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German Sven Kluegl is armed with high-tech Z-stacking and Intensify Pro.
An incredible world of close-up photography is all around us. Photographers like German Sven Kluegl are exploring this frontier armed with high-tech software and hardware, techniques like Z-stacking and tools like Intensify Pro. We interviewed Sven recently and came away both impressed and totally inspired about his background and style of photography. Be sure to also view his gallery on 500px.com - wow!
Sven: Sure — hi folks! My name is Sven Kluegl and I live in Heppenheim, a beautiful historical city & wine region in Germany. My passion for photography started 3 ½ decades ago: I took my first pictures during a vacation in France, when I was 13. A few months later, I was already developing and enlarging B&W pictures in a darkroom. Over the years, from analog to digital, I invested more and more time (and money!) in photography.
True, it is only a hobby for me, but you might be interested to know I am a certified optician. In the beginning, I learned mainly from special photo magazines, and then later from video-trainings. And I was a lucky guy to be accompanied by a professional photographer who taught me so much – I always called him my "photography dad."
Yes, I started with landscape and astronomy. It took 10 years for me to discover people photography. First outdoor portraits only, and later in my own little photo studio where I still take picture of my friends and some artists I know.
I always say "I shoot everything – except weddings." I find them too time-consuming and just not interesting for me. But almost everything else is fair game: nature, people, events, fireworks... Whatever comes my way. And I truly enjoy macro photography, with enlargements up to 20:1.
Thanks a lot! I use special software and hardware—for instance, macro slide or Z-Stacking. And Intensify Pro by the way! As some equipment unfortunately is unbelievably expensive or just not available in the form that I need it, I construct many things on my own.
I never had a certain idol, but I keep my eyes open. When I find the time, I view hundreds of photos from different photographers a day. But I don’t wanna just copy pictures. Of course I find inspiration, but I always try to make it my own style.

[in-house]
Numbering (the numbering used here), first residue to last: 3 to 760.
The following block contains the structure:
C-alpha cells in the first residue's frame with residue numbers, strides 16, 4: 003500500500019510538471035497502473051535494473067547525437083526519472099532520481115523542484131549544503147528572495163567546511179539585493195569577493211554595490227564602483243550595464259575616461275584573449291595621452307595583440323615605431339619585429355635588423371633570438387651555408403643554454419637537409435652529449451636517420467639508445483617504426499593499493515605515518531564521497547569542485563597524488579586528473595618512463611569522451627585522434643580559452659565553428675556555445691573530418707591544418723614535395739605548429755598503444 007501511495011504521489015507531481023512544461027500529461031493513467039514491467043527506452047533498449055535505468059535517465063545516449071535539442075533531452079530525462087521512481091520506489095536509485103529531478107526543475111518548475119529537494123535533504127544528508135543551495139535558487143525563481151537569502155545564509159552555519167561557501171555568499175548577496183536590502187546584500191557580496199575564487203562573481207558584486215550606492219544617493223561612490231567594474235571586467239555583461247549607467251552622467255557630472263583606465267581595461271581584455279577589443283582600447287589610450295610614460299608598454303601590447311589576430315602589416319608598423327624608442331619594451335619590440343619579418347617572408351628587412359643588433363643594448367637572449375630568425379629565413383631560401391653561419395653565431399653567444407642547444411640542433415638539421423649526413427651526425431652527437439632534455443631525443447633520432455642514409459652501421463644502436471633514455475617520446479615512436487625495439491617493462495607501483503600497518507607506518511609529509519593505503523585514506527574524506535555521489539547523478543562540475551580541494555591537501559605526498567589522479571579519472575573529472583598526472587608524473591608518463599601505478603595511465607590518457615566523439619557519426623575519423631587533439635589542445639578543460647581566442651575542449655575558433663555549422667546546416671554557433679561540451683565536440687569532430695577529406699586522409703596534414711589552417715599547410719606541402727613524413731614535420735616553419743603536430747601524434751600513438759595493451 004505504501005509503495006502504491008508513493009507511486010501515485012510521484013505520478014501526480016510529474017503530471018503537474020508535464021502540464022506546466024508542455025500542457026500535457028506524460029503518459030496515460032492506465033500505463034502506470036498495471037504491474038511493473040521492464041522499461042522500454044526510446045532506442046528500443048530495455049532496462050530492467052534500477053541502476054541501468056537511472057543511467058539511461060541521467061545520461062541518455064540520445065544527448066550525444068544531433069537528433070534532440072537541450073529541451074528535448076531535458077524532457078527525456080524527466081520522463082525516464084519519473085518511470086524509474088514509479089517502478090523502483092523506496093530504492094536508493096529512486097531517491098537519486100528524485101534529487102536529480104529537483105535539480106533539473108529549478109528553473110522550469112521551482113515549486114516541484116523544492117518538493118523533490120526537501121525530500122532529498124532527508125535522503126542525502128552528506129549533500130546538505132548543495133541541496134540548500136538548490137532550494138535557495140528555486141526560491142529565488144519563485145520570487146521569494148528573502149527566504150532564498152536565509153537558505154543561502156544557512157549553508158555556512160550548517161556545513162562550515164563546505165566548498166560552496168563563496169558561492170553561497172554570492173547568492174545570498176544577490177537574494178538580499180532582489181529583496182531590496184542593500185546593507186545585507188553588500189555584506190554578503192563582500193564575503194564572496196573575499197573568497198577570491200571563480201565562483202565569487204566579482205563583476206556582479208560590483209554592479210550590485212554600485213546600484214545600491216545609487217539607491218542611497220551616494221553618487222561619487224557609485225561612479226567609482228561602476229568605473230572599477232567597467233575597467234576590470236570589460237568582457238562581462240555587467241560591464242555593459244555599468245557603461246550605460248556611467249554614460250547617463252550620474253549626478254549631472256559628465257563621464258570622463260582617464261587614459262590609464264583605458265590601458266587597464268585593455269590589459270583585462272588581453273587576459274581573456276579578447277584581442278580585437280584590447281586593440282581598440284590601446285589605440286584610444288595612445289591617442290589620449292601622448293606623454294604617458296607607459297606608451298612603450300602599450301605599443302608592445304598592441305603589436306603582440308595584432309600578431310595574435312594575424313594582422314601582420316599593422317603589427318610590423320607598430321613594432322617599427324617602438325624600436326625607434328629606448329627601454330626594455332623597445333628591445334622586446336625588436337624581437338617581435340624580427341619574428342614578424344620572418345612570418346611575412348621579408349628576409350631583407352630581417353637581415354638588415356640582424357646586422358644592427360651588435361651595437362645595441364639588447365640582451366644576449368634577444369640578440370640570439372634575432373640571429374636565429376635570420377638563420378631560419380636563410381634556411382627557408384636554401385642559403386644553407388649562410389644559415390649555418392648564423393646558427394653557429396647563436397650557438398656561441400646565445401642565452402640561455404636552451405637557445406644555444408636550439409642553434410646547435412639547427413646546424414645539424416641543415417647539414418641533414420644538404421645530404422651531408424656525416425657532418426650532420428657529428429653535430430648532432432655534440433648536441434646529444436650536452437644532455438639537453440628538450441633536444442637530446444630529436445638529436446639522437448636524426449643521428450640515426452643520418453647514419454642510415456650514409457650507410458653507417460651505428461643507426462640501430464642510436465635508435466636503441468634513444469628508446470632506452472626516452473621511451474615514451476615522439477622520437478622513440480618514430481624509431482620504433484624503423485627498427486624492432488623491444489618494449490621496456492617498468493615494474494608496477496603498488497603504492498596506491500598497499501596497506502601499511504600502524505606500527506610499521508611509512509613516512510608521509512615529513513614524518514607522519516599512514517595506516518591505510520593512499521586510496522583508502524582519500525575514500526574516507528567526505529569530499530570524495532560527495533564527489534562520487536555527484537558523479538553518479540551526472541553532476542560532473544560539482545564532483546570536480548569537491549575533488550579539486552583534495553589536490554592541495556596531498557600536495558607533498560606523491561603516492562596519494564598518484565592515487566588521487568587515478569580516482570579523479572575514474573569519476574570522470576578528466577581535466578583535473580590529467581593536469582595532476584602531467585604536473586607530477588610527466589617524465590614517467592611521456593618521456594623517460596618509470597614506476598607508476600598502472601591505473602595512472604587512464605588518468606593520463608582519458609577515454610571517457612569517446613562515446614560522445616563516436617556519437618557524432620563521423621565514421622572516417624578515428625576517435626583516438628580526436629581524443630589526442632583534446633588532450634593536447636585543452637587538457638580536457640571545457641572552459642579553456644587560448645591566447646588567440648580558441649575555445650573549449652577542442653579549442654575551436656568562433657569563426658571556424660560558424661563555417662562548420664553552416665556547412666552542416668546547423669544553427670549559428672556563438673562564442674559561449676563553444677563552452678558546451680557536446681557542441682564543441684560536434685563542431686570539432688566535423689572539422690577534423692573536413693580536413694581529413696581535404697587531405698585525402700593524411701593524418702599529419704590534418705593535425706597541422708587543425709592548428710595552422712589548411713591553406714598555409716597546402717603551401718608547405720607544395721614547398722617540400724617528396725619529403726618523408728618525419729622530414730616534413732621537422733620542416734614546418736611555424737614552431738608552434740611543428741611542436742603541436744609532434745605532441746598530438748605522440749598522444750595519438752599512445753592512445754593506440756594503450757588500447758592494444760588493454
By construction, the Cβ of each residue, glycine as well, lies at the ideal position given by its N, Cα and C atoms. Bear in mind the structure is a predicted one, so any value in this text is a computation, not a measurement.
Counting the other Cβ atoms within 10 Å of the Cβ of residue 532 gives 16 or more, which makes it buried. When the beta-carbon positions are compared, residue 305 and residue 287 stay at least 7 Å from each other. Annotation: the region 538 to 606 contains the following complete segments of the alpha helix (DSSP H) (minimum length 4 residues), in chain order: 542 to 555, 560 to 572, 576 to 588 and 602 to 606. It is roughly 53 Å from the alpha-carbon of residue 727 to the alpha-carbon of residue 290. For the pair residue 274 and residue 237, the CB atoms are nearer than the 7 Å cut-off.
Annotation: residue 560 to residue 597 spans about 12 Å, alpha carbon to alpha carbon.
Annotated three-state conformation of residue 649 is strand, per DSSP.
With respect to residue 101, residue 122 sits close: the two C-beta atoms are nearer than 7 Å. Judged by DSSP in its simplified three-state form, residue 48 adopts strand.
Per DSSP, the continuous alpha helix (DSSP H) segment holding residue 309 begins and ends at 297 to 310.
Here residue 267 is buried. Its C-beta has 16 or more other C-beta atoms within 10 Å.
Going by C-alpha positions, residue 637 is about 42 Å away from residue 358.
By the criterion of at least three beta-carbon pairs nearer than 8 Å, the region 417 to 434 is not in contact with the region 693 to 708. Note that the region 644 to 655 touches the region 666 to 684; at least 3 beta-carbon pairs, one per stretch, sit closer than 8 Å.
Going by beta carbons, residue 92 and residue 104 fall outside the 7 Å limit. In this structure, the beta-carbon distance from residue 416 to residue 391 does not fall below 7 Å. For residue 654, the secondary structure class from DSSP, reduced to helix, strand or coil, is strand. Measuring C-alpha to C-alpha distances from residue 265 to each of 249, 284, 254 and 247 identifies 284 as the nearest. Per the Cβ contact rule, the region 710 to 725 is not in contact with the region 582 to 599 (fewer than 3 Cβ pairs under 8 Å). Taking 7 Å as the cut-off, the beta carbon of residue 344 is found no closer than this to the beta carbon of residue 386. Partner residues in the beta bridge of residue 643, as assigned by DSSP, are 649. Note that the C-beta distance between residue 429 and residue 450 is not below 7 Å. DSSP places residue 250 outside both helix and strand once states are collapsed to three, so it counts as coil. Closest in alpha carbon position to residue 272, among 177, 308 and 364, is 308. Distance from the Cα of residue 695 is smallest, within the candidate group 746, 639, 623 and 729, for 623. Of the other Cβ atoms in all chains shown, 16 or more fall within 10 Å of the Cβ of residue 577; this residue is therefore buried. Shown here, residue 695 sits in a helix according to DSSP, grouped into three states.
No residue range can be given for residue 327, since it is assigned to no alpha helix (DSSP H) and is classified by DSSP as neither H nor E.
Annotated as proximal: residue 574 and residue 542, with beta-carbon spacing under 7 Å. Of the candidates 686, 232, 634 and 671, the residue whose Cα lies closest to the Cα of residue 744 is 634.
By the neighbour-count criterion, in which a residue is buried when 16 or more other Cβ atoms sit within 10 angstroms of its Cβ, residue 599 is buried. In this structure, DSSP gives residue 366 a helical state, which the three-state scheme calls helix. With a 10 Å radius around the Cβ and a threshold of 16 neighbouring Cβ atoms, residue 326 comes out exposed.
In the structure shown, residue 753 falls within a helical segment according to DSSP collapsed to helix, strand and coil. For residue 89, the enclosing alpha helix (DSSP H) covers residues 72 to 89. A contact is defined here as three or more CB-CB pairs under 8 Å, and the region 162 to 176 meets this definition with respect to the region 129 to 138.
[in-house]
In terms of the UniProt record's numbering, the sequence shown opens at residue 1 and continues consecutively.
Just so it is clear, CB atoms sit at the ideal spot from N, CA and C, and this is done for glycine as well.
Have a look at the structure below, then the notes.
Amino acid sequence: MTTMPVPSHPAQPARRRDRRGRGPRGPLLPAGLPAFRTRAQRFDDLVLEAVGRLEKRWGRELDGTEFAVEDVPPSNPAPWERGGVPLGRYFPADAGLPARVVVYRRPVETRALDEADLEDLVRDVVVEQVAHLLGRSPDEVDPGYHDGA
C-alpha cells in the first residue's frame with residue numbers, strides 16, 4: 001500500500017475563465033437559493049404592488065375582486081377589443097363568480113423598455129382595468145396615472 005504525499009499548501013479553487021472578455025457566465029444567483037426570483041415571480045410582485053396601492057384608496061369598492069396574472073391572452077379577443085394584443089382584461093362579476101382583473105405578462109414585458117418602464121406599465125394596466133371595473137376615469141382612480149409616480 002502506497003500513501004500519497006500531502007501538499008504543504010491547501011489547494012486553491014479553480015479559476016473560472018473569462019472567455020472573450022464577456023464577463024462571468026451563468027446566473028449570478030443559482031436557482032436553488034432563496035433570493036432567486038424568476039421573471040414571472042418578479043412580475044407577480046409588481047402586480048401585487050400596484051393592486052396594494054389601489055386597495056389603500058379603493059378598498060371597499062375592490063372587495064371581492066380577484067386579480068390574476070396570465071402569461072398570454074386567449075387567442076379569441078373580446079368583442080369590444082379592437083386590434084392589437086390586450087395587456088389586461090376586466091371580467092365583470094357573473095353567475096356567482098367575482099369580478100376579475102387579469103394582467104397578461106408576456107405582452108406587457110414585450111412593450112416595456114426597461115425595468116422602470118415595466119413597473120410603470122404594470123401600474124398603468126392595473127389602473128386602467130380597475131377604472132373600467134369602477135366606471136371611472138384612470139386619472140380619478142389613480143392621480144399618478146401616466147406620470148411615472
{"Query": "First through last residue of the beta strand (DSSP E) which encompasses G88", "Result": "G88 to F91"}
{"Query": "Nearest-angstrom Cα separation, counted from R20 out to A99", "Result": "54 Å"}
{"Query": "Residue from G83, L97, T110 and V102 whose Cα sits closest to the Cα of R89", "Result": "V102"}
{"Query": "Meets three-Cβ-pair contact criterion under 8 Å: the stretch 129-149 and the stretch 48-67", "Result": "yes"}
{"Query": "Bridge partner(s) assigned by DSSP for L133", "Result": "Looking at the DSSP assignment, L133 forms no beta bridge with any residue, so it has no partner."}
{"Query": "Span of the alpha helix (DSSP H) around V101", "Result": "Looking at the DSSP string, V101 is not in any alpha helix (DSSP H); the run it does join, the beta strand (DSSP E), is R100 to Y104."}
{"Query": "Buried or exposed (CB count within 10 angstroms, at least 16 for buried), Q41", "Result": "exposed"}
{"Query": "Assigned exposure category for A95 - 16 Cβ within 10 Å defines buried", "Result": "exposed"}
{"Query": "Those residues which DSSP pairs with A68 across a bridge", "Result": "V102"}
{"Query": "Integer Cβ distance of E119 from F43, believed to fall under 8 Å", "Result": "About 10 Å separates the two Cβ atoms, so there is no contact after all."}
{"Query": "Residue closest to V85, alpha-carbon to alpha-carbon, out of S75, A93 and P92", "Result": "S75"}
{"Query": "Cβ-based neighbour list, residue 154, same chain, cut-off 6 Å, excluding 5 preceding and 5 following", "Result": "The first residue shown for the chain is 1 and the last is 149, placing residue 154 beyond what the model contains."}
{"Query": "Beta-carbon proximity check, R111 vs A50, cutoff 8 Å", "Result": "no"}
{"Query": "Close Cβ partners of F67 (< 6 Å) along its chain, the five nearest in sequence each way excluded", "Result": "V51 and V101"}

Definitely. There are already enough "clones" out there. Make it your way & try to find your own style!
Well, that always depends on the idea! For a shooting with steel wool for example, careful planning is essential: after all, it's a fire hazard! For people photography, usually you need to get some props or decoration as well. But as I am taking pictures for such a long time now, I now have a nice treasure of equipment, props and more at home. Or I build something new on my own!
Yes – a camera that includes all the great features that are currently split into at least three different cameras from the same manufacturer.
The most exciting and surprising to me right now is macro photography, as you only realize after the stacking process if you did everything correctly. And, whether the result is what you wanted. You dive into an absolutely fascinating world that suddenly appears on your screen.
It might sound strange – but I learned to "read" images. My photo dad used to say 'Sven, if you want to become a good photographer, you need to be able to read pictures.'
This means if I see a photo, I try to understand how it was created. Since Photoshop, it became more and more difficult. But still I get immediately an idea of how it was taken and edited. The clue is: Your original assumption does not have to be correct. Regardless though, you get inspired and it stirs you to think how you could shoot the next time.
Well, in 175 years of photography, enormous knowledge and skills have been given from generation to generation. Many photographers wrote excellent books, full of experience and creativity. Even if they are old, say from the analog era, their vision is still up-to-date. I am thinking of Ansel Adams for example. Here's the point: when a cheap used book comes your way, snatch it up! It’s important to understand that photography begins long before pressing the shutter, and not with a file or Photoshop. My advice, think before taking a picture.
Knowledge is power! Whoever develops a solid basic knowledge will be able to read pictures, without asking how it was done all the time. It’s kind of challenge to figure out how the picture was taken, without directly asking and that's half the fun!
Since I've started using Skylum, I find I use one of the apps for almost every picture, usually Intensify. But I always try to get a natural style, not too artificial. So, my advice is to find a look you feel comfortable with and go for it!
I am quite active on Facebook, actually as well in the Skylum Photography Group. But, I don’t have my own homepage. As hobbyist, I've found 500px.com is an ideal platform.
I do however, have a YouTube channel and try to upload new tutorials or making-of’s regularly, however they are all in German. I certainly could have more followers if I spoke English, but unfortunately my English is just not good enough for trainings.
To see more of his work, click on a link below:
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